White House Plans To Require Mandatory Nursing Home Staffing Levels May Be Derailed by CMS Report

The report found little benefit to increasing nursing home staffing to the proposed levels, indicating it would cost the industry billions of dollars.

A new federal report on the nation’s nursing homes appears to work against efforts by the Biden Administration to increase mandatory nursing home staffing levels.

The Centers for Medicare and Medicaid Services (CMS) mistakenly posted a Nursing Home Staffing Study (PDF) online Tuesday, which was quickly taken down after critics noted that the findings were inconsistent with the White House’s proposed staffing regulations announced in 2022.

The report, completed by the CMS contractor Abt Associates, warned that no mandatory staffing level could guarantee quality care in nursing homes across the United States. Researchers interviewed more than 360 nursing home staff, residents, and family members between May and December 2022. They conducted observations of more than 8,000 instances of clinical care.

Maxing out Staffing Levels Failed to Show Significant Benefits

The study examined a range of staffing hours per resident day and the impacts on patient care. The report looked at 3.88 hours per patient per day as a minimum staffing level.

At 3.88 hours, 0.66% of nursing home residents would receive delayed care, and 0.002% would not receive necessary care. That’s roughly 9,000 patients who would receive delayed care every year.

Researchers said by mandating 3.88 hours per patient, emergency room visits would be reduced by nearly 15,000 per year and hospitalizations by 12,000 per year. But to reach that level of care, 11,000 of the more than 15,000 nursing homes across the country would need to hire more staff, which could cost the industry an additional $5.3 billion per year.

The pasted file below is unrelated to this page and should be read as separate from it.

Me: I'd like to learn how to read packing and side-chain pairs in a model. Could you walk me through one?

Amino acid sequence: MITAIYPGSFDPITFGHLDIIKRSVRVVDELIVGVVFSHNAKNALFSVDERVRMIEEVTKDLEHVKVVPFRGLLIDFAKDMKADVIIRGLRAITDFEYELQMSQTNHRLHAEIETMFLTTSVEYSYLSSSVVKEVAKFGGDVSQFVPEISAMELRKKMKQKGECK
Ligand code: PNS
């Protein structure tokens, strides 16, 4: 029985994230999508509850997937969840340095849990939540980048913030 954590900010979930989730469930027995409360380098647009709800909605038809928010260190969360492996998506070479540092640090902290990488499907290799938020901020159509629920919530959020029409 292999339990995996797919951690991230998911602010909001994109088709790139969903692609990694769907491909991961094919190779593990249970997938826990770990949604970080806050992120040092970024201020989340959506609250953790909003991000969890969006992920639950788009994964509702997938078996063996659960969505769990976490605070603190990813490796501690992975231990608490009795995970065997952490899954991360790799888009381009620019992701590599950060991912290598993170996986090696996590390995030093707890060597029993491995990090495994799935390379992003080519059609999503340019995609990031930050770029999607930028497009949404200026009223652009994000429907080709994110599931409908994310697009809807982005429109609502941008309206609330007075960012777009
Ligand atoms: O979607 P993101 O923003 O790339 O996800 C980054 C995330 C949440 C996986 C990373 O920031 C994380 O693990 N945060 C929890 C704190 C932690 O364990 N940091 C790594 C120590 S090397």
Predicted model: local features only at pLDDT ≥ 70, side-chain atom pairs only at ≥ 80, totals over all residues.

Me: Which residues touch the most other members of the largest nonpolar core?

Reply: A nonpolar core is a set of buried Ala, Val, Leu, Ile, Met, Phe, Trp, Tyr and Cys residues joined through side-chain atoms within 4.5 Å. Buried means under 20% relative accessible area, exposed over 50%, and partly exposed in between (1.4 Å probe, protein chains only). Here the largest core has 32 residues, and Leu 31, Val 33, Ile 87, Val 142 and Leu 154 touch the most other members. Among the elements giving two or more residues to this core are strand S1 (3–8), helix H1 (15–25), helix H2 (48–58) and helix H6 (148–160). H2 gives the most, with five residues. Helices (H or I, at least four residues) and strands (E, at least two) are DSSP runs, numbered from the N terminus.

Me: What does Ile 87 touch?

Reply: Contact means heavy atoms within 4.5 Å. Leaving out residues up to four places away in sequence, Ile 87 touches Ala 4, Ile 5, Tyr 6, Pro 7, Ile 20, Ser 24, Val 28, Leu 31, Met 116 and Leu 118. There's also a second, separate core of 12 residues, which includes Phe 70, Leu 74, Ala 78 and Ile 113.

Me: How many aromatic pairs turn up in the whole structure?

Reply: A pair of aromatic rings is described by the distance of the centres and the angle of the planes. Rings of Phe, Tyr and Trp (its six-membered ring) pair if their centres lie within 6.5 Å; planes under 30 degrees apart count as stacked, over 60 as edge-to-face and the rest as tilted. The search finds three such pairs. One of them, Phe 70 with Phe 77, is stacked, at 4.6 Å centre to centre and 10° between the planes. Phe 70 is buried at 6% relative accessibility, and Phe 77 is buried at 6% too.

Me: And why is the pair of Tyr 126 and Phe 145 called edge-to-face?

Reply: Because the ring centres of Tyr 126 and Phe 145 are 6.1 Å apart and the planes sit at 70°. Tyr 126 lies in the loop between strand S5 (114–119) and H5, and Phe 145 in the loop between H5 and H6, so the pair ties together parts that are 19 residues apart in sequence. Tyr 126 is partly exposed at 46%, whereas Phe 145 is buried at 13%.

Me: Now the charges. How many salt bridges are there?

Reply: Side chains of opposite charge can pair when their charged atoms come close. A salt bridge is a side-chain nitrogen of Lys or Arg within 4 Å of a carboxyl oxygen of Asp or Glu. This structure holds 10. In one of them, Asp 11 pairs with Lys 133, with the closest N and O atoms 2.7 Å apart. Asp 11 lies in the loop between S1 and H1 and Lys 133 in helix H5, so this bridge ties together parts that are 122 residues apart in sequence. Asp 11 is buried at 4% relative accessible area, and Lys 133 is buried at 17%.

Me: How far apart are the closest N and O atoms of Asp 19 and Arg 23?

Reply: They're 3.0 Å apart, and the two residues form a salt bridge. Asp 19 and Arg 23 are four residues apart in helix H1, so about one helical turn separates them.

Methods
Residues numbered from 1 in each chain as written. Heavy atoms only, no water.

The minimum level of mandated hours examined was 3.3 hours per resident per day. At that level, 3.3% of residents, or more than 46,000 people, would receive delayed care. Roughly 0.04% of patients would not receive care at all.

The findings indicate more than 50% of nursing homes would need to add staffing to meet that level of required care, and it would lead to additional costs of $1.5 billion each year.

Nursing Home Staffing Problems

A 2001 CMS study identified 4.1 hours per patient per day as a minimum staffing level. However, the new study did not examine anything near that level.

A non-government study indicated the cost of a 4.1 hour per patient standard would reach $11.7 billion annually. That standard would require nursing homes across the country to hire 200,000 new employees in addition to filling the 190,000 positions lost during the pandemic.

The February 2022 White House announcement called for reforms to improve the safety and quality of nursing home care focusing on “a sufficient number of staff who are adequately trained.”

The reforms, meant to be implemented after the findings of the newest report were published, indicated an additional 20 minutes per resident day could help reduce COVID-19 deaths by 26%. The CMS agreed to make nursing home staffing data available on the CMS Compare Care website.

Last year, a House of Representatives committee indicated nursing home understaffing led to more deaths during the COVID-19 pandemic.

The new study concluded there is “no single staffing level that would guarantee quality care.” In addition, more than half of nursing home staff interviewed for the report indicated their “current assignment was not reasonable to provide quality and safe care now.”

The findings may derail the first-ever federal mandates the Biden administration hoped to roll out, experts warned.

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In 2016, a CMS report suggested that mandating staffing ratios would “stifle innovation” and would not lead to improved quality and “person-centered care.” The nursing home industry pushed back against the Biden administration’s proposed requirements, warning about substantial increases in the cost of care.

The CMS said the new study was posted in error, and it was pulled down after it was first published.

The CMS proposal package has been under evaluation by the Office of Management and Budget since May 2023.


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